ENERGY MANAGEMENT TRAINING For organisations that prefer to attend in-person workshops, SEAI also offers one-day energy management training. ‘Introduction to Energy Management’ will take place in the following locations this year: Athlone – 11 June Dublin – 3 September Cavan – 12 November Registration is free of charge however spaces are limited. To register for training visit: www.seai.ie/business-andpublic-sector/small-andmedium-business. If you have a group who would like to avail of Introduction to Energy Management training but cannot attend one of our scheduled events, we would also be happy to offer you a customised course. For more information on how SEAI can assist your business in becoming more energy efficient visit www.seai.ie or contact the Business Team on business@seai.ie.

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CHAMBER PARTNER PROFILE

Ahead of the Curve

Frustration arises from a lack of knowledge. Make sure people know what isn’t changing, too. That stability will ease the problem.

Experts from Health Assured provide advice on managing change within your organisation and how an employee assistance programme can help.

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hatever our role is, we all experience change regularly. This can be both positive and negative. Change management is a method of coping with both the effects and the causes of change. By managing change effectively, we can minimise the negative effects, and greatly improve the resilience of our organisation. Responding to change — especially large-scale change — is difficult. People don’t always respond well. Change management helps. It’s about ensuring that your people understand what’s happening and why, are assured that it’s positive, and have the mental tools at hand to cope. When change is badly managed, or not managed at all, you’ll find that it dents morale, decreases wellbeing and causes drop-offs in productivity. Uncertainty is the enemy of good business. When change is well managed, you’ll find that even the largest and most disruptive events are much easier to deal with. And your employees will be confident enough to take on more and more challenges, knowing they have support.

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THE CHANGE CURVE Developed as a way to predict how people will react to change, the Change Curve can show you how to help others to make personal transitions, supporting them correctly and ensuring that change goes smoothly. People need different support, depending in which stage of the Change Curve they’re at. S HOCK: In the early stages, it’s best to listen, understand and give space. People need time to process, and they need gentle encouragement to ask questions at their own pace.

RESPONDING TO CHANGE — ESPECIALLY LARGE-SCALE CHANGE — IS DIFFICULT. PEOPLE DON’T ALWAYS RESPOND WELL. CHANGE MANAGEMENT HELPS.

 ENIAL: D Again, it’s important to give people time. No-one in denial is going to make a sudden leap into acceptance — carefully explain the risks of remaining in denial, but don’t push too hard.  NGER: A Be honest and stay calm when faced with angry reactions. Remember, it isn’t personal — empathise, listen to and respect people, and their anger will clear.  RUSTRATION: F Keep supplying as much detail about the changes as possible.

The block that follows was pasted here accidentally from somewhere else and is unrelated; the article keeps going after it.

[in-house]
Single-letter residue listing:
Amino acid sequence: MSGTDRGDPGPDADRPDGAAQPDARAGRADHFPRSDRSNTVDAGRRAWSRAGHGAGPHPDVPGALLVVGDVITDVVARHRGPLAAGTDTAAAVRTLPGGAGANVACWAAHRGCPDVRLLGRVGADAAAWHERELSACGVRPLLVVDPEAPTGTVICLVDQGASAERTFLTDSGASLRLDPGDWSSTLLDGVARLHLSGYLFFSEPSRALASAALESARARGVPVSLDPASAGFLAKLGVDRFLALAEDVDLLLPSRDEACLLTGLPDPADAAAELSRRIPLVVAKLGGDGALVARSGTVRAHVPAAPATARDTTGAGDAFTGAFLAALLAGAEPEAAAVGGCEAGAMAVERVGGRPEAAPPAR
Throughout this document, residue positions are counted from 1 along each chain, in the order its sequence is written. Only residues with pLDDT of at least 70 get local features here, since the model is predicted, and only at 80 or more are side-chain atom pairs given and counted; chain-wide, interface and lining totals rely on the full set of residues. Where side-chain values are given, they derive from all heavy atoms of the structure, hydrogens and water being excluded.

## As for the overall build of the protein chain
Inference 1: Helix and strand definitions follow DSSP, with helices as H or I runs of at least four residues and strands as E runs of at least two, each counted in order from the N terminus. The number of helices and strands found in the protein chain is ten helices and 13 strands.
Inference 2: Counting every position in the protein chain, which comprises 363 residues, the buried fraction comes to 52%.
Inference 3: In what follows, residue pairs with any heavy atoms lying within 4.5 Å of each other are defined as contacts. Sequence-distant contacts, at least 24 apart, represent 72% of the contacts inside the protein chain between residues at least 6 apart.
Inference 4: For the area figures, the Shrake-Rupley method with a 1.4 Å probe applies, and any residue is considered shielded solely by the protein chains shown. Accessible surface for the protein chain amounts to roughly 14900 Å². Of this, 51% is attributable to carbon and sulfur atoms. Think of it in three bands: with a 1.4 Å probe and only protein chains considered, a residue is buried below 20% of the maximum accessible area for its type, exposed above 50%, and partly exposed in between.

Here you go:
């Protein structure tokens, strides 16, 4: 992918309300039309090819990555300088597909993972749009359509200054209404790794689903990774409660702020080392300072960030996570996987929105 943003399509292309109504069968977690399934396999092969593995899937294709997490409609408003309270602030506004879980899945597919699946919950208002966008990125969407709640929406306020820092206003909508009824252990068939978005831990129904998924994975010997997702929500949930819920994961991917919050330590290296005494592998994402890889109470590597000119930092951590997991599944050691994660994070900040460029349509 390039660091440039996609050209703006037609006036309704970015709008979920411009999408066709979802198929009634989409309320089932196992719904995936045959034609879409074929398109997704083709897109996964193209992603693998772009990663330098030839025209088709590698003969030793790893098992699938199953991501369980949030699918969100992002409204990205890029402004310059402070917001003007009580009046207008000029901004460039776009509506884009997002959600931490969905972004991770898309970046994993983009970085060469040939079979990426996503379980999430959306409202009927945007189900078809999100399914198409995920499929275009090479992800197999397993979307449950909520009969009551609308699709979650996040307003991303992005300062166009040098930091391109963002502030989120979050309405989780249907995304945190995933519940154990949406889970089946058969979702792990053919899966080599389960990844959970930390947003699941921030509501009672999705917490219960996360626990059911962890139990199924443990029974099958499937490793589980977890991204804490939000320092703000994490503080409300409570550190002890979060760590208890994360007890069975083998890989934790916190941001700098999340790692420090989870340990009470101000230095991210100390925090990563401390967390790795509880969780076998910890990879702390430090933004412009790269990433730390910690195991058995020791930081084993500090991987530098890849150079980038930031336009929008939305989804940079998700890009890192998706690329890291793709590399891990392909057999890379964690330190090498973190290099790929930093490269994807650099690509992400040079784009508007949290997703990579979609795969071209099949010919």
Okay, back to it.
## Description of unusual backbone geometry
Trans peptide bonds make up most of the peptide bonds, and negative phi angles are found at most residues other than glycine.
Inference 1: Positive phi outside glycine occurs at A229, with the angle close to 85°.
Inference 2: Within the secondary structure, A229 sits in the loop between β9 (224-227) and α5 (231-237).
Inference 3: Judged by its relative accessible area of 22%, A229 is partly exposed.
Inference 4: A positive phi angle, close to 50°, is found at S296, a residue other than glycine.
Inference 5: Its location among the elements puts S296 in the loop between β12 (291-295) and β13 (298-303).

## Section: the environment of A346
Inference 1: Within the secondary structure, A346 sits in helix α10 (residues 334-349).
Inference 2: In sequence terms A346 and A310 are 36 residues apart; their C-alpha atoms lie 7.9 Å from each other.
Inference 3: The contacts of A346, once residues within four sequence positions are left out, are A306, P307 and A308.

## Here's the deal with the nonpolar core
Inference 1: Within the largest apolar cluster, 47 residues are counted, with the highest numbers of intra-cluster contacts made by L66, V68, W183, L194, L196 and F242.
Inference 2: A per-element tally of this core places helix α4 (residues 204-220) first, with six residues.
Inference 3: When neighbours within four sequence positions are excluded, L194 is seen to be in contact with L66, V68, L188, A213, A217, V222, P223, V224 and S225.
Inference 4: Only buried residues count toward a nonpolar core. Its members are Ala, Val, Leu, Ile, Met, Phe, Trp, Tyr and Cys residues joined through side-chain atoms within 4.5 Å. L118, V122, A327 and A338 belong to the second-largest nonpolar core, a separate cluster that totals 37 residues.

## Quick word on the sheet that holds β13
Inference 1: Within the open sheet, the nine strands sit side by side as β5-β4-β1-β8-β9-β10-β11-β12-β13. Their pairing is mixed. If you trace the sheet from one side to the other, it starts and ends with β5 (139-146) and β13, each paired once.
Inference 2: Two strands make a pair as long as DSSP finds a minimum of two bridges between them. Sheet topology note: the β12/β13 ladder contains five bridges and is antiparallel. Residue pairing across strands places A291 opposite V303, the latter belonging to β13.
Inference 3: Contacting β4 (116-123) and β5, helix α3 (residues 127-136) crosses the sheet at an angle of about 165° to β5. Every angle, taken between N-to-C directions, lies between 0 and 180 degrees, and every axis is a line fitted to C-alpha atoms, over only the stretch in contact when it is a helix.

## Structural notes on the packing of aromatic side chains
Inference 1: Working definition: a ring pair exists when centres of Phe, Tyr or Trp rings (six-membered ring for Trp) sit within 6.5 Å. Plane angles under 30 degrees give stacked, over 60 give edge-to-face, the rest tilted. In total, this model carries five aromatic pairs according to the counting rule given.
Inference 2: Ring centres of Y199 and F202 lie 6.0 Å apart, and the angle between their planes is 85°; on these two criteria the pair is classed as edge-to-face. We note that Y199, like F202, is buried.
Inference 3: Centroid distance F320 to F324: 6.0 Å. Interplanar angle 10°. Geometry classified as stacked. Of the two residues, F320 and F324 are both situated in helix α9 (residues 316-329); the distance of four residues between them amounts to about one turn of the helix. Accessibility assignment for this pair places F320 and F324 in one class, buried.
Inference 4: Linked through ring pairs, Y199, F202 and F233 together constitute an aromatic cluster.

EPRESSION: D Encourage healthier living, encourage openness about feelings, and encourage proper breaks. Maintaining a good work/life balance is key to beating this stage.  ARGAINING: B people at this stage may put you under pressure to approach changes differently. Be clear and firm, and communicate your position as best you can.  CCEPTANCE: A As the changes are accepted and assimilated, recognise and reward people’s efforts. Provide positive feedback, and emphasise the future.

HOW AN EAP CAN HELP The Health Assured employee assistance programme (EAP) is a useful benefit tool to complement your promotion of mental health wellbeing at work. It’s a complete resource, accessible 24/7 via phone, inperson and online. It encourages individuals to take part in healthy behaviours and activities, offering a sensitive helpline and confidential counselling sessions to help people through life’s challenges. This counselling can be an invaluable lifeline to someone dealing with change in a company —whether it’s an affected employee, or a manager tasked with leading people through that change. Get in touch today to discuss how Health Assured can help. Go to www.healthassured.org/ie for more information.

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Introducing Chambers Ireland’s Sustainable Business Impact Awards. Earlier this year, we announced that we have renamed our annual Corporate Social Responsibility Awards as we align the Awards with our promise to support the UN’s Sustainable Development Goals. To find out more about how this change came about, you can read the story behind this change on page 54. For more information, please contact carly.mooney@chambers.ie